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Housing Justice For All coalition going door-to-door, as hardship deadline nears

PUSH Buffalo
Housing Justice For All is seeking basic changes in the housing system, a need its says COVID-19 has highlighted.

An array of local social change groups says the effects of the continuing pandemic show the need for basic changes, from housing payments for the homeless to restrictions on evictions. The first sign of their push for change is starting now: door-to-door activity to tell people that if COVID is threatening their health or creating financial hardship, they can block eviction even if not paying rent. There is a bar date of May 1, although that could change as it has been since the start of the pandemic.

Among the groups in the Housing Justice For All coalition is PUSH Buffalo. PUSH Deputy Director of Movement Building Harper Bishop said hardship declarations have to be filed by Feb. 25.

"PUSH Buffalo started on MLK Day and has continued to canvass our organizing zone with over 500 families canvassed and conversations were had as to the declaration form and the necessity for its distribution," Bishop said. "We’ll also be using a door hanger that I just lifted up with information to over 1,000 more families."

The coalition has put together a package of legislative measures for Albany's consideration, calling for universal rent cancellation for at least 90 days past the end of the pandemic, while creating a hardship fund to pay some landlords, housing vouchers for the homeless and restrictive Just Cause Eviction to keep people in their apartments.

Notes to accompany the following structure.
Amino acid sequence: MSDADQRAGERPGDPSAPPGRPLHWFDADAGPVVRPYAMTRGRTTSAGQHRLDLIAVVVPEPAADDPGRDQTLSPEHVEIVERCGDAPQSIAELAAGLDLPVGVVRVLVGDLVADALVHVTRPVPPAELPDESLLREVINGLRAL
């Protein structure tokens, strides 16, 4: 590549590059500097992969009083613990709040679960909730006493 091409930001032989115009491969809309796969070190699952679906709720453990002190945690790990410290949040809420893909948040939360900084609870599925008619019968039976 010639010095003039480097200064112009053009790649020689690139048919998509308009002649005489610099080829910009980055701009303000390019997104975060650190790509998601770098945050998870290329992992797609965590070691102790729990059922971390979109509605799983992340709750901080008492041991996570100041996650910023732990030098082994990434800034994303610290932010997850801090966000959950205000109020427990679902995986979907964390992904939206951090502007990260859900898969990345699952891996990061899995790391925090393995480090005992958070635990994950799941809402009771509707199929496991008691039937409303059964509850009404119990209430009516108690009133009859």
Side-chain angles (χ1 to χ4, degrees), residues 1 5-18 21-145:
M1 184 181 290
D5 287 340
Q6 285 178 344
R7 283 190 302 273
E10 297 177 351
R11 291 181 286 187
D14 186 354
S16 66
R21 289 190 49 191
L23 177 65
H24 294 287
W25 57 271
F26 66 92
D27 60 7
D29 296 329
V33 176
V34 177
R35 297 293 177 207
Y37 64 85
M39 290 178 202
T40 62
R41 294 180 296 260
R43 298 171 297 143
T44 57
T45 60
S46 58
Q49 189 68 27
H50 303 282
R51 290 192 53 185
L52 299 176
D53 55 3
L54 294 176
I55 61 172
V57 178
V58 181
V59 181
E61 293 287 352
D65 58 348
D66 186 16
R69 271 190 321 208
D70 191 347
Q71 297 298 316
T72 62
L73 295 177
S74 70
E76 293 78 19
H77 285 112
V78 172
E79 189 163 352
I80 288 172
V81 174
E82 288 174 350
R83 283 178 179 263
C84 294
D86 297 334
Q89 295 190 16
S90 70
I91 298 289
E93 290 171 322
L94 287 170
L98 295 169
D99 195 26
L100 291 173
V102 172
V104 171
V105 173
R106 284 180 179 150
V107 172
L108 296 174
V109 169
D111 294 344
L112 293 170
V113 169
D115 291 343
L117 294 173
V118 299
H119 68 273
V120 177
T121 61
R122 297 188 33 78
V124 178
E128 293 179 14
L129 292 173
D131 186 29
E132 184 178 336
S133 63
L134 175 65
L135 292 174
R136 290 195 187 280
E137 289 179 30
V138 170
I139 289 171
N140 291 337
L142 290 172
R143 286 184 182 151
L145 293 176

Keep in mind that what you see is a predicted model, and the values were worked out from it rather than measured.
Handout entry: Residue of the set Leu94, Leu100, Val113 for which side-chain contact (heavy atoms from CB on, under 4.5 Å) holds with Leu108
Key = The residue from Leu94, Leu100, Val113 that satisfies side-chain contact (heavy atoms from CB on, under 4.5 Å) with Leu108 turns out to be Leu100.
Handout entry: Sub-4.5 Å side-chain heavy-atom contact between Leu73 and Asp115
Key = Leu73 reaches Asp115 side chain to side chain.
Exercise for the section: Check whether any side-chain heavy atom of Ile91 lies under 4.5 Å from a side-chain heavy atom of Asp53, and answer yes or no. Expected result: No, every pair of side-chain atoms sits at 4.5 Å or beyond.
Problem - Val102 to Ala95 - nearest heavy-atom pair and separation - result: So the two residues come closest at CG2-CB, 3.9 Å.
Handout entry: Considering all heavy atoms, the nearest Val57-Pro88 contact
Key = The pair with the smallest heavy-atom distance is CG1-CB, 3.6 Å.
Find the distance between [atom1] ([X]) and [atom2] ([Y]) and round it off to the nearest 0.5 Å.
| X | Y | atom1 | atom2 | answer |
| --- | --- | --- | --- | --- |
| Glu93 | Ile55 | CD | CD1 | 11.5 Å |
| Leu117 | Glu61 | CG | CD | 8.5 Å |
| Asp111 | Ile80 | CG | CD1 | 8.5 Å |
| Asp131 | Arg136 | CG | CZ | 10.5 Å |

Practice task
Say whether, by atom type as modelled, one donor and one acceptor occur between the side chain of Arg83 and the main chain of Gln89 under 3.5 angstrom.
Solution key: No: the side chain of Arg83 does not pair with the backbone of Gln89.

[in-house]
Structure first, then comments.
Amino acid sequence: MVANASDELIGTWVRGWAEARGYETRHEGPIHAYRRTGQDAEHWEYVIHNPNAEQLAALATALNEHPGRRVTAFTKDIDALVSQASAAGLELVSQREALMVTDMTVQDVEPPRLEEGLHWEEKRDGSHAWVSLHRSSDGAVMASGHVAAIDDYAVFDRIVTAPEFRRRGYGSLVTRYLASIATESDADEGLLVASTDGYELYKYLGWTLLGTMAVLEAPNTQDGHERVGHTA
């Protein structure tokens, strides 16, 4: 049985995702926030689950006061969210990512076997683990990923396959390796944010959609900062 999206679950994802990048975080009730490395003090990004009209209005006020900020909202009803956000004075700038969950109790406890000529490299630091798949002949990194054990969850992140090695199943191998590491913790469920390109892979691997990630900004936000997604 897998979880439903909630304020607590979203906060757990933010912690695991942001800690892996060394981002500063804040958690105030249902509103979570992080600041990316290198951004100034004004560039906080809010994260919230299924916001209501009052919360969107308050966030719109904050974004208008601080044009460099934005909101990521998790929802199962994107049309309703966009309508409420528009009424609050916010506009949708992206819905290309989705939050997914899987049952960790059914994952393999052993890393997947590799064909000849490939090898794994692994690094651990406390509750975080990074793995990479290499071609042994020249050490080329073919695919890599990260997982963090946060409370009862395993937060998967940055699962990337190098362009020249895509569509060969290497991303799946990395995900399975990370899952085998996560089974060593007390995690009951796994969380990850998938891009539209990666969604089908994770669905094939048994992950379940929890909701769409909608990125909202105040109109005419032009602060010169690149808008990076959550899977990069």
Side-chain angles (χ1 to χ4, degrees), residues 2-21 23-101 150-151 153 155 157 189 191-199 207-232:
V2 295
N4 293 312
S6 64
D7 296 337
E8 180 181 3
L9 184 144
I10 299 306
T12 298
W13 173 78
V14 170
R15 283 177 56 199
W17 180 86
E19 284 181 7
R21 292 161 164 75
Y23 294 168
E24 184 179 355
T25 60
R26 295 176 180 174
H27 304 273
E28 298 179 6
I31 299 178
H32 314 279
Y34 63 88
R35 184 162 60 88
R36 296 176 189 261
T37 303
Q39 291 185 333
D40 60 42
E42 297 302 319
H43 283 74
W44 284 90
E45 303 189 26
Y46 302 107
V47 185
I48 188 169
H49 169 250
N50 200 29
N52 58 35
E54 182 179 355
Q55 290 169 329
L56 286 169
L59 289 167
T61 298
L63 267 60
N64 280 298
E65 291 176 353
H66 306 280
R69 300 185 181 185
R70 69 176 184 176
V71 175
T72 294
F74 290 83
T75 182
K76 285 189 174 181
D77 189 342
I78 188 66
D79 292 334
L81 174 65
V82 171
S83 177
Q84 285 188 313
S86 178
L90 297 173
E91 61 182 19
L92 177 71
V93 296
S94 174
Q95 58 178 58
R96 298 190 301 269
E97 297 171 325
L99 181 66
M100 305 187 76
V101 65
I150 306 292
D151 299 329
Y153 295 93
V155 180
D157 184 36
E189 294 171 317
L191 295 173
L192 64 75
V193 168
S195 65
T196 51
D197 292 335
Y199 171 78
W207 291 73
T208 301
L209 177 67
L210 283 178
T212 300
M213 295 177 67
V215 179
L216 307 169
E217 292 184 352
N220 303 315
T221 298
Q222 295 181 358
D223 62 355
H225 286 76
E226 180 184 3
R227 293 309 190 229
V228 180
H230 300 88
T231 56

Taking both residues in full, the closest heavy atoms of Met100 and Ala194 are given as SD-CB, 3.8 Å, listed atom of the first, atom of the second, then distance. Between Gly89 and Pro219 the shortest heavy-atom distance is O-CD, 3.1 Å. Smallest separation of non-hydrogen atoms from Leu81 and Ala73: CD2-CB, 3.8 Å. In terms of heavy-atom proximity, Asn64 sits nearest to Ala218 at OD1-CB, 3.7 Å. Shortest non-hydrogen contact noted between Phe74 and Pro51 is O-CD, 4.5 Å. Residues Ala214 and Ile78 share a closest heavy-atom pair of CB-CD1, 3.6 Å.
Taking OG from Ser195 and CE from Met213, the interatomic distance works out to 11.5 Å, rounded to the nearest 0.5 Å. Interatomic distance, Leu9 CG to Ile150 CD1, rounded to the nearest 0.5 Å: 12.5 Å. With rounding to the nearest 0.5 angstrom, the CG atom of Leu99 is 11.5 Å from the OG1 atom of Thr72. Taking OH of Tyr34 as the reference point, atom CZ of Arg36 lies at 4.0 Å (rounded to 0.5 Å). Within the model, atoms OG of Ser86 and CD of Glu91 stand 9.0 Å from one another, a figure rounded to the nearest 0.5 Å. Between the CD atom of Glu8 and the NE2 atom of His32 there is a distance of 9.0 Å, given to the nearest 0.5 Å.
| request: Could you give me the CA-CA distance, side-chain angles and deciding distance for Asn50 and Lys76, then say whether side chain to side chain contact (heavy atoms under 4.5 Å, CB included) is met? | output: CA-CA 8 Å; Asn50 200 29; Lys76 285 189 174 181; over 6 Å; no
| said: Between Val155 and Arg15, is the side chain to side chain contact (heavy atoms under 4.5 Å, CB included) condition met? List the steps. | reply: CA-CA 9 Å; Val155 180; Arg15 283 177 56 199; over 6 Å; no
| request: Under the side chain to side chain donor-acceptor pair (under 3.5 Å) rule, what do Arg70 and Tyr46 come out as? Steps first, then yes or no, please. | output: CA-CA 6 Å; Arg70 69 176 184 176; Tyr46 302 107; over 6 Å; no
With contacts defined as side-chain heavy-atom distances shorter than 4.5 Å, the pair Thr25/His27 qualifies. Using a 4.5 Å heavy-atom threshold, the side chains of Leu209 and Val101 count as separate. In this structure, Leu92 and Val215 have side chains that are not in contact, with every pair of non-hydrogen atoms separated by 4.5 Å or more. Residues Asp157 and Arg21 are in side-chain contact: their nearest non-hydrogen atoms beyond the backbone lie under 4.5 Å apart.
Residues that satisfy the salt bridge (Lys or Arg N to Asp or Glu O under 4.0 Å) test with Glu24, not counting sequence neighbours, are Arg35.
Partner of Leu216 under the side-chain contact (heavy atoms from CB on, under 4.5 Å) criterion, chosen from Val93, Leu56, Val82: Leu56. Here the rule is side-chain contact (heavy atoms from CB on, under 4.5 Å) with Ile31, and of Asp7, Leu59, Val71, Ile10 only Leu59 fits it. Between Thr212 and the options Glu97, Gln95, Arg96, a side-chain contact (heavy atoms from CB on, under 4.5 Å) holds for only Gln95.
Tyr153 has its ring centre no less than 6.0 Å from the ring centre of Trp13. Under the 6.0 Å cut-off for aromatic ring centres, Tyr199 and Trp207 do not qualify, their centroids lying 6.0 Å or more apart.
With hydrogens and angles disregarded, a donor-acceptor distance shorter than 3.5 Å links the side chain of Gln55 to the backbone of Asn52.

A Just Cause Eviction gives tenants the right to renew their leases and limits rent hikes. Partnership for the Public Good Community Researcher Sarah Wooton said it won’t hurt good landlords.

"We have a lot of mom and pop landlords who are trying to get by in a lot of cases, but good landlords don’t need to worry about just cause because good landlords take care of their property and they don’t suddenly hike up their rents, Wooten said. "With just cause, good landlords will still be very much in control of their property and they will be able to evicts tenants under certain circumstances."

Citizens Action’s Maria Marti said all this proves the old adage about how many people are a paycheck away from eviction and need help.

"As we act through this crisis and believe it, we’re only as strong as our weakest links," Marti said. "And we have been able to see first-hand that our nation has proven to be a lot weaker when it comes to making sure and ensuring that our Americans have decent living quarters."

The coalition said New Yorkers owe $2.2 billion in rent collectively.

Mike Desmond is one of Western New York’s most experienced reporters, having spent nearly a half-century covering the region for newspapers, television stations and public radio. He has been with WBFO and its predecessor, WNED-AM, since 1988. As a reporter for WBFO, he has covered literally thousands of stories involving education, science, business, the environment and many other issues. Mike has been a long-time theater reviewer for a variety of publications and was formerly a part-time reporter for The New York Times.
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